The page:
In This Issue:
Quotes of the Week
“If you find it hard to say no, don’t become an administrator.”
David Perlmutter (see item #5)
“The trust forged between teachers and students inspires learners to do their work, enables teachers to offer candid feedback and criticism, and helps teachers learn to find the keys that unlock student potential and learning.”
Justin Reich and Jal Mehta (see item #1)
“Culture eats strategy for breakfast.”
Peter Drucker (quoted in item #1)
“Boredom presents an opportunity to learn lessons that can be in short supply these days. It teaches us that life is not always fun or entertaining, and that it is up to us to decide how we spend our time. It’s part of adulthood, and the sooner kids get used to it, the better. Just as importantly, boredom opens the doors to creativity and fantasy, essential aspects of child development that are too often closed by TV and smartphone screens.”
Nicholas Mian in “The Beauty of Boredom” in The Boston Globe Magazine, July 19, 2020
“Every time an adult removes an obstacle that is emotionally challenging for a child, they are depriving that child of an opportunity to learn to cope with that obstacle.”
Nicholas Mian (ibid.)
“When am I going to quit? When racists quit. Do I have a job for a lifetime? I’m afraid so.”
Jane Elliott quoted in “‘Blue Eyes, Brown Eyes,’ a ’60s Lesson Revived” by Brianna
Holt in The New York Times, July 19, 2020
1. Principles for Successful School Reopening
In this MIT Teaching Systems Lab report, Justin Reich (Massachusetts Institute of Technology) and Jal Mehta (Harvard Graduate School of Education) draw on extensive outreach to students, teachers, principals, parents, district administrators, state officials, and other stakeholders to suggest seven principles for reopening schools this fall. Reich and Mehta assume that most schools will be operating with a hybrid or remote learning plan for at least the first part of the 2020-21 year.
These principles are not intended to address the all-important planning that’s being done to keep students and staff safe. Rather, Reich and Mehta focus on helping schools think through their core values and provide access to the best resources to support work with students and families. Several insights guided their research:
– The coronavirus has created a highly complex and uncertain situation with very few known solutions.
– In situations like this, the best approach is lots of experimentation in the field, with teams looking at the results to figure out what works.
– To avoid incoherence, experimentation must be implemented with shared values so local innovators are rowing in the same direction.
– It’s important to decide on a few common structures – for example, a shared technology platform – to facilitate communication and collaboration.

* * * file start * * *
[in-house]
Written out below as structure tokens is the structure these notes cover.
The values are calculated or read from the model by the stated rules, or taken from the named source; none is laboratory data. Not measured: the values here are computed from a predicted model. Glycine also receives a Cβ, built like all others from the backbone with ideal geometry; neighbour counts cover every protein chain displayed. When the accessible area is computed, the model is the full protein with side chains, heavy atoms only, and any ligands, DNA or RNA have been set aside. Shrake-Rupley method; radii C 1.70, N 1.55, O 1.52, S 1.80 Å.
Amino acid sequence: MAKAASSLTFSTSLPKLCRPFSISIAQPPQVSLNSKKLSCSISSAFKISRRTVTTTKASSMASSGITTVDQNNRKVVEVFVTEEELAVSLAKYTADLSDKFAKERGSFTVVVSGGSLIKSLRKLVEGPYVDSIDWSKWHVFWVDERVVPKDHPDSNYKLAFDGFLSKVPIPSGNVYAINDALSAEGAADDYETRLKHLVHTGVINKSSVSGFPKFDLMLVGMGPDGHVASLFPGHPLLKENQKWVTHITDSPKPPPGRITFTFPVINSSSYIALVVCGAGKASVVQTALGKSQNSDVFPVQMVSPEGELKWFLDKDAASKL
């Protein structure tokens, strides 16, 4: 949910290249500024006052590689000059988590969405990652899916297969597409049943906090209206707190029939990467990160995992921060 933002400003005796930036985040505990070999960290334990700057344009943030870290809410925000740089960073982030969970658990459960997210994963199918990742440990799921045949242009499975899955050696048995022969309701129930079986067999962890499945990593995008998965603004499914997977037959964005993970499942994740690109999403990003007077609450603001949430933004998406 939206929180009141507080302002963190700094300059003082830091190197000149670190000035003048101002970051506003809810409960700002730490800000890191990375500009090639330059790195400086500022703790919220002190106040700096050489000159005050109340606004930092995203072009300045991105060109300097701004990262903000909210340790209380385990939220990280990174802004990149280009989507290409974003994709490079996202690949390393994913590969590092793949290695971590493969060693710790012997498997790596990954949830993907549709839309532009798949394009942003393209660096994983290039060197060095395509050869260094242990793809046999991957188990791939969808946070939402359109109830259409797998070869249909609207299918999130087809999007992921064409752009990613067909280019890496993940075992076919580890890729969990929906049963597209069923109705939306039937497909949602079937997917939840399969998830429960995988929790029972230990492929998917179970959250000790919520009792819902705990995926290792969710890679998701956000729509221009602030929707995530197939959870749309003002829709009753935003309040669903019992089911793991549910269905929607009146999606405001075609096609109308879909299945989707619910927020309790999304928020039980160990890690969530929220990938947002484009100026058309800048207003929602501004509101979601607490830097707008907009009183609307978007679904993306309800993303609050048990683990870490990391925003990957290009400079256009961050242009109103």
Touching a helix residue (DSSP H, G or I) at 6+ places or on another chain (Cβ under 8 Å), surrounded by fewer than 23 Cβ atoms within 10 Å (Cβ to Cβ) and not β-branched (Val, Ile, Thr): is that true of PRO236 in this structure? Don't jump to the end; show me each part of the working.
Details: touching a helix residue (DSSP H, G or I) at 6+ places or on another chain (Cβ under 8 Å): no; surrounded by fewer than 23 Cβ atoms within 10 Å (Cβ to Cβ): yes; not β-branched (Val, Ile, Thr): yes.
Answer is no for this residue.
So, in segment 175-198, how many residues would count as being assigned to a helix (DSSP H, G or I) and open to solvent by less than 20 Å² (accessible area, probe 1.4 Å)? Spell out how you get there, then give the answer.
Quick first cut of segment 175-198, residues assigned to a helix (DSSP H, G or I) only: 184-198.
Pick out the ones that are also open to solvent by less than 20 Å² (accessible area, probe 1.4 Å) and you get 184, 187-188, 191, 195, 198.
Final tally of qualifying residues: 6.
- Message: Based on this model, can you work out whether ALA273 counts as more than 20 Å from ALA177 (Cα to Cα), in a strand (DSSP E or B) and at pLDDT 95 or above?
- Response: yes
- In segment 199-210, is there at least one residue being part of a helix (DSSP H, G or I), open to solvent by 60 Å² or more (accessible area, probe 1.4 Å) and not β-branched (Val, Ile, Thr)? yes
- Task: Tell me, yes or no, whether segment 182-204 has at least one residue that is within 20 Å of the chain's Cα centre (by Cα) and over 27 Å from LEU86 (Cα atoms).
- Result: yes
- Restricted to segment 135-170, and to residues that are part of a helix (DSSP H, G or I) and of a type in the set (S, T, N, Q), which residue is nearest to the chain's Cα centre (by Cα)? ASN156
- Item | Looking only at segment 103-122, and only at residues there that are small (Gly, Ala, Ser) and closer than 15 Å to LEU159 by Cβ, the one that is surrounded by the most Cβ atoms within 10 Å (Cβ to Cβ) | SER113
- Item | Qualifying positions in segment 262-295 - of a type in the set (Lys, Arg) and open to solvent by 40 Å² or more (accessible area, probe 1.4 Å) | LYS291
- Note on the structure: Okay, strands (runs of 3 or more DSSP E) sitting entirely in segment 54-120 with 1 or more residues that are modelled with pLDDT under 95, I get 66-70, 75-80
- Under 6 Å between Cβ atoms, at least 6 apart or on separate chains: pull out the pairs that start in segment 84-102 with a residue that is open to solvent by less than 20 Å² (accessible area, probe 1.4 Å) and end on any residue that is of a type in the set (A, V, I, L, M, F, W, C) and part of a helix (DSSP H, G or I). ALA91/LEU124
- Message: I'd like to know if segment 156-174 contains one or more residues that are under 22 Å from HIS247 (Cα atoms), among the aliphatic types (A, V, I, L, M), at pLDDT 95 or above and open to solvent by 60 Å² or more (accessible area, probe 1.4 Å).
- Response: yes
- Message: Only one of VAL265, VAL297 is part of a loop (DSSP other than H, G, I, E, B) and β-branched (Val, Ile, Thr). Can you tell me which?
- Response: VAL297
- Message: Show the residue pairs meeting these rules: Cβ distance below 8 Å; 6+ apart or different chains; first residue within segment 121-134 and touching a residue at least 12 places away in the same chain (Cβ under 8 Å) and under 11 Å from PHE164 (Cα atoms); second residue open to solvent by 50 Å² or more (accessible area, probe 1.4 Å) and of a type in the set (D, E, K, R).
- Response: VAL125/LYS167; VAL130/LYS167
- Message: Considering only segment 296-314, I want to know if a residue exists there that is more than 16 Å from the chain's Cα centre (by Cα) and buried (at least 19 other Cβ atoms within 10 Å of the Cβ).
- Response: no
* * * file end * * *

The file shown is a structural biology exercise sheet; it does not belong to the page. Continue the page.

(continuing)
– A culture of trust and inclusion is vital; as Peter Drucker once said, “Culture eats strategy for breakfast.”
Here are Reich’s and Mehta’s design principles, each with a few examples of how it might play out in schools and districts.
• Find ways to build relationships. “The trust forged between teachers and students,” say Reich and Mehta, “inspires learners to do their work, enables teachers to offer candid feedback and criticism, and helps teachers learn to find the keys that unlock student potential and learning.” When the coronavirus disrupted the 2019-20 school year, educators already had six months of interactions under their belts. 2020-21 will be different, making it essential to find ways to build strong relationships.
Ideas: (a) a “call a teacher” button on the school’s website that makes it easy for students to ask questions and get help from a staff member (perhaps the librarian) designated to be available all day long; (b) advisories in which small groups of students (perhaps 10) meet regularly with a staff member on Zoom; (c) looping, with the teachers from 2019-20 moving up with their students to the next grade; and (d) eSports and Rec leagues with online games like Valorant.
• Rethinking instruction with equity in mind. “Inequity is structurally baked into the system,” say Reich and Mehta, “and thus we need to directly address it if it is going to enable all students to succeed.” In addition, studies show that average- and lower-achieving students take the biggest hit with remote learning, widening the achievement gap. The implication: schools need to take a hard look at systems, culture, and pedagogy, include stakeholders in decision-making, give children of color and poverty a fair shake, and make classroom experiences “relevant, purposeful, and meaningful for all learners.”
Ideas: (a) reaching out to selected students to take part in planning instruction and activities for the 2020-21 school year; (b) designing curriculum units on race, protests, and the pandemic; and (c) building in time with the most vulnerable students, who might be designated to be in school every day.